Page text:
In the age of Twitter-shortened attention spans, fame is an increasingly powerful weapon of diplomacy. John Avlon on how George Clooney is helping to bring change—and a hefty dose of hope—to Sudan.
George Clooney hates the paparazzi. But he also knows the power of a snapshot. So the Oscar winner just launched a privately funded satellite to broadcast pictures of troop movements throughout Sudan. He’s now back from a visit to the genocide-ridden country, which in January voted to split itself in two, making Southern Sudan the world’s 193rd nation. Clooney’s dogged activism in Africa has earned him the ear of the U.S. foreign-policy establishment. Twice, he’s visited President Obama in the Oval Office. In his next movie, The Ides of March , Clooney plays a flawed presidential candidate. Does he dream of becoming the real thing? “I didn’t live my life in the right way for politics, you know,” he tells Newsweek . “I f—ed too many chicks and did too many drugs, and that’s the truth.” Read More…
Three hundred and forty-one New York City firefighters. Twenty-three New York City police officers. Thirty-seven Port Authority police officers. Three court officers. Two EMS workers. Thousands of innocent civilians. Numbers alone, of course, cannot do them justice.
A whole portrait of America was taken from us in an instant: individuals of every race, religion, and ethnicity; fathers and mothers, children and newlyweds, brothers, sisters and best friends. Amid our grief we now see that New York had been distracted by flash and wit and cash for too long. The heroic actions of those we lost reawakened us to the essential importance of personal courage. Overnight, and somewhat to our surprise, New York has been embraced as the nation’s symbol of resilience, the indomitable heart of America. Read More…
The Hindenburg. The Titanic. Michele Bachmann.
Eighteen months ago, the Minnesota House member was considered an unlikely but undeniable Republican rising star, winning the Iowa straw poll that unofficially begins the primary season. Today, she is embroiled in a litany of legal proceedings related to her rolling disaster of a presidential campaign—including an Office of Congressional Ethics investigation into campaign improprieties that has not previously been reported.
The Daily Beast has learned that federal investigators are now interviewing former Bachmann campaign staffers nationwide about alleged intentional campaign-finance violations. The investigators are working on behalf of the Office of Congressional Ethics, which probes reported improprieties by House members and their staffs and then can refer cases to the House Ethics Committee. Read More…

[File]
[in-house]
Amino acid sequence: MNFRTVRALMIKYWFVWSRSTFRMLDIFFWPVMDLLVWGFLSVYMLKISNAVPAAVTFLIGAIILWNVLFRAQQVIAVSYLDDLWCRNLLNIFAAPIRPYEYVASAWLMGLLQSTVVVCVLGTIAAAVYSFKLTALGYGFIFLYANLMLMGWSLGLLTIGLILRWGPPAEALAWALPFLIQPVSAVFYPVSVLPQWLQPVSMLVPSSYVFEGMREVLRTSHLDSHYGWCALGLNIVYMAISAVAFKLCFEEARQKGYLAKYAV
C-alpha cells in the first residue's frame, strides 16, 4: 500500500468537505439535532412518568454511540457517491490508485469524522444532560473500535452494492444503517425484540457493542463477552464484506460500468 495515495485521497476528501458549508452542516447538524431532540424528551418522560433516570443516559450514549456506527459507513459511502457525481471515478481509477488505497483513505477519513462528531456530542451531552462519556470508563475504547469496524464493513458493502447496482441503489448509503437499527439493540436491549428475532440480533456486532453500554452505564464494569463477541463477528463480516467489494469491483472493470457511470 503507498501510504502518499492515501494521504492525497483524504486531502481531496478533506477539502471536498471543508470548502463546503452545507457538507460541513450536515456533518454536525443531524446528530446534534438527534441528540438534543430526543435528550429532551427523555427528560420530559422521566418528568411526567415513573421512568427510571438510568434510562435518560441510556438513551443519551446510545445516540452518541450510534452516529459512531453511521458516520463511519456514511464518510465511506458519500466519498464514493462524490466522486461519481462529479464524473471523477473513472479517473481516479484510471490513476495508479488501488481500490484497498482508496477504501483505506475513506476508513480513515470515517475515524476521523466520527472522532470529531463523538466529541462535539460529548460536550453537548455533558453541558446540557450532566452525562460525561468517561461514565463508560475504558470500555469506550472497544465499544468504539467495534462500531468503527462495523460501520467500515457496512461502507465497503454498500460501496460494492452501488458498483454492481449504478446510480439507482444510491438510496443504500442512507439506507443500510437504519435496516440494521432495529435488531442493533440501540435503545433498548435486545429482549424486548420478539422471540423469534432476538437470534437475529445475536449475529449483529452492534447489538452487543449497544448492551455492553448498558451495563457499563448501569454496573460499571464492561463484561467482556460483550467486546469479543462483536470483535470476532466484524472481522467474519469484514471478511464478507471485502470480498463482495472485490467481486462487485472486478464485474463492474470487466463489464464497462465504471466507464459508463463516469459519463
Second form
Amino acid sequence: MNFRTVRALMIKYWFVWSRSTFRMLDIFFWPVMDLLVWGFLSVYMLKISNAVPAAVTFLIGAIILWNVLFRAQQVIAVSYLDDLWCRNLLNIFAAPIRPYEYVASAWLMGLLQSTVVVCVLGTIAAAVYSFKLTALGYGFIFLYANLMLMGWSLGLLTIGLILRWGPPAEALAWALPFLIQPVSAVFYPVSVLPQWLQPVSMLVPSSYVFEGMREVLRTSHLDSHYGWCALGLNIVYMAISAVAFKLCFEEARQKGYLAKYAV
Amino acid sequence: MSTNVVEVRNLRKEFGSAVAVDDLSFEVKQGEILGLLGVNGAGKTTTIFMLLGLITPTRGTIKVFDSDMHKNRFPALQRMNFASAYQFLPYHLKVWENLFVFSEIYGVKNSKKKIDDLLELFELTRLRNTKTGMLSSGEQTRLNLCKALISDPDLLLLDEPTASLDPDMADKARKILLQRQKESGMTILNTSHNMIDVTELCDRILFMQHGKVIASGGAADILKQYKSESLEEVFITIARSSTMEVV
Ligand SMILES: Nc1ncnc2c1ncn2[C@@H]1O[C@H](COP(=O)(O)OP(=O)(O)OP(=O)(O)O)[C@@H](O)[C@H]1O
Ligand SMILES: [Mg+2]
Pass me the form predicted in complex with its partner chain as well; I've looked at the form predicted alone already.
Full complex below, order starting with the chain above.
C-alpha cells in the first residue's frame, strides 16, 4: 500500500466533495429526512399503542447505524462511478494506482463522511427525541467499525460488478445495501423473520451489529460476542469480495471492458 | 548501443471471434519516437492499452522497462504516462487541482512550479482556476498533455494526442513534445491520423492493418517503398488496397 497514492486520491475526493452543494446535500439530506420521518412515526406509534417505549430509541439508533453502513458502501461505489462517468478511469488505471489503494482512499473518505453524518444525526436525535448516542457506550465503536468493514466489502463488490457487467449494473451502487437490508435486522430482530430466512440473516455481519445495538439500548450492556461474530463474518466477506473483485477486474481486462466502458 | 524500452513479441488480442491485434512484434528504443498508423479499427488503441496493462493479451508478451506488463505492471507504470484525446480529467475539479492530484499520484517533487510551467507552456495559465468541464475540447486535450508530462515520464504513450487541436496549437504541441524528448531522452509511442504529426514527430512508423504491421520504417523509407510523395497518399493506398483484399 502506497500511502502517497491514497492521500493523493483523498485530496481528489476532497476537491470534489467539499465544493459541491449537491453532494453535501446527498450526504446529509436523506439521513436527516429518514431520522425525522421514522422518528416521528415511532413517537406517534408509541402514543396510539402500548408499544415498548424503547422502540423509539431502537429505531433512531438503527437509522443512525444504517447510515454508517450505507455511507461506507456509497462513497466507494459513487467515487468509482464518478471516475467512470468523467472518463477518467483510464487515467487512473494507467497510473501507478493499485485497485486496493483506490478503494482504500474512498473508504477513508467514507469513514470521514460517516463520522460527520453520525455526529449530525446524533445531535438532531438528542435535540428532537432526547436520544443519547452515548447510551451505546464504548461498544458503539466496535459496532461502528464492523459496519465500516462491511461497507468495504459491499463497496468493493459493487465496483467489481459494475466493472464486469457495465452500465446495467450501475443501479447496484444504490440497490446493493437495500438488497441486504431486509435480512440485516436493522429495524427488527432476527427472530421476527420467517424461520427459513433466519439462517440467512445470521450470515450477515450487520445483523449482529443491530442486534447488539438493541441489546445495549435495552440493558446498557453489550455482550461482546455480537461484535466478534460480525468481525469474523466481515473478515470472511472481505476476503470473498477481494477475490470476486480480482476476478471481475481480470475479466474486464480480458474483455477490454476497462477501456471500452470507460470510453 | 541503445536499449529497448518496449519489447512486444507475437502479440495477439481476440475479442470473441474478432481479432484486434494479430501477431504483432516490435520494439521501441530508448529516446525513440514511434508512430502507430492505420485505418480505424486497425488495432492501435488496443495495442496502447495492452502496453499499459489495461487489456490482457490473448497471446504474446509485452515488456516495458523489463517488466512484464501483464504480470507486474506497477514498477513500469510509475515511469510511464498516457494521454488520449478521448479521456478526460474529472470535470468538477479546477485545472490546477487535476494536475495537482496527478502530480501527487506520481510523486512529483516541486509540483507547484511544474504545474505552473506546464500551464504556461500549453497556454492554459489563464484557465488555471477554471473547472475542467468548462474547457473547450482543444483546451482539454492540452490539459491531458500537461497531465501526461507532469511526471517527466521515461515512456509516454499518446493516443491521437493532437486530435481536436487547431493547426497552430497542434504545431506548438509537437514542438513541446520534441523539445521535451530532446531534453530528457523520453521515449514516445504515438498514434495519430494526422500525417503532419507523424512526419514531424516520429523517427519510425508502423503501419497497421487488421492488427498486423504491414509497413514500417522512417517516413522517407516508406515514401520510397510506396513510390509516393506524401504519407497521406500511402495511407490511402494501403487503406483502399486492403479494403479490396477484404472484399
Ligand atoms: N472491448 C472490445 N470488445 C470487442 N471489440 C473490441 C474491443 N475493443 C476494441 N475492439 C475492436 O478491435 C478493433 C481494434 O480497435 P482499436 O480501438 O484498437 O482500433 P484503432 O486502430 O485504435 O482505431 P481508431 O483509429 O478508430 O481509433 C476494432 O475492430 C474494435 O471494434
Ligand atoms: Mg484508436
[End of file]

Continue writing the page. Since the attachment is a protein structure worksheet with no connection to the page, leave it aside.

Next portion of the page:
Impeachment is the final fantasy for obsessive hyper-partisans. But some Democrats are exploiting the craziness as a fundraising call to arms.
Silly season has started—and both parties are trying to fund-raise off the fringe.
One-third of Americans now say that President Obama should be impeached, according to a CNN/ORC poll. This carries about as much constitutional weight as previous free-floating anxieties about the president being secretly Muslim, communist or born in Kenya.
The partisan breakdown of the Impeach Obama crowd is roughly what you’d expect. Fifty-seven percent of Republicans say they support impeachment and 35 percent of independents, with a very-confused 13 percent of Democrats bringing up the caboose. Read More…
The alleged urgency of the problem is inspiring no action on Capitol Hill. But the failure to deal with the influx of Central American children isn’t inevitable—it’s driven by fear.
Cynicism passes for wisdom in Washington. And despite the urgent optics of the border kids crisis, our D.C. politicos would rather demagogue the issue than deal with it. Our porous borders are seen as a midterm election play-to-the-base appeal instead of a problem to be solved.
Listen to members of Congress and most correspondents who cover them, and you just know that immigration reform is never going to happen this year. After all, the smart money says any controversial action is considered a loser in an election year. And forget the next sessions of Congress—the presidential election will have begun and nothing will get done, as President Bush learned in 2007, when the proto-Tea Party talk radio crowd tanked his bid for a bipartisan immigration reform. Read More…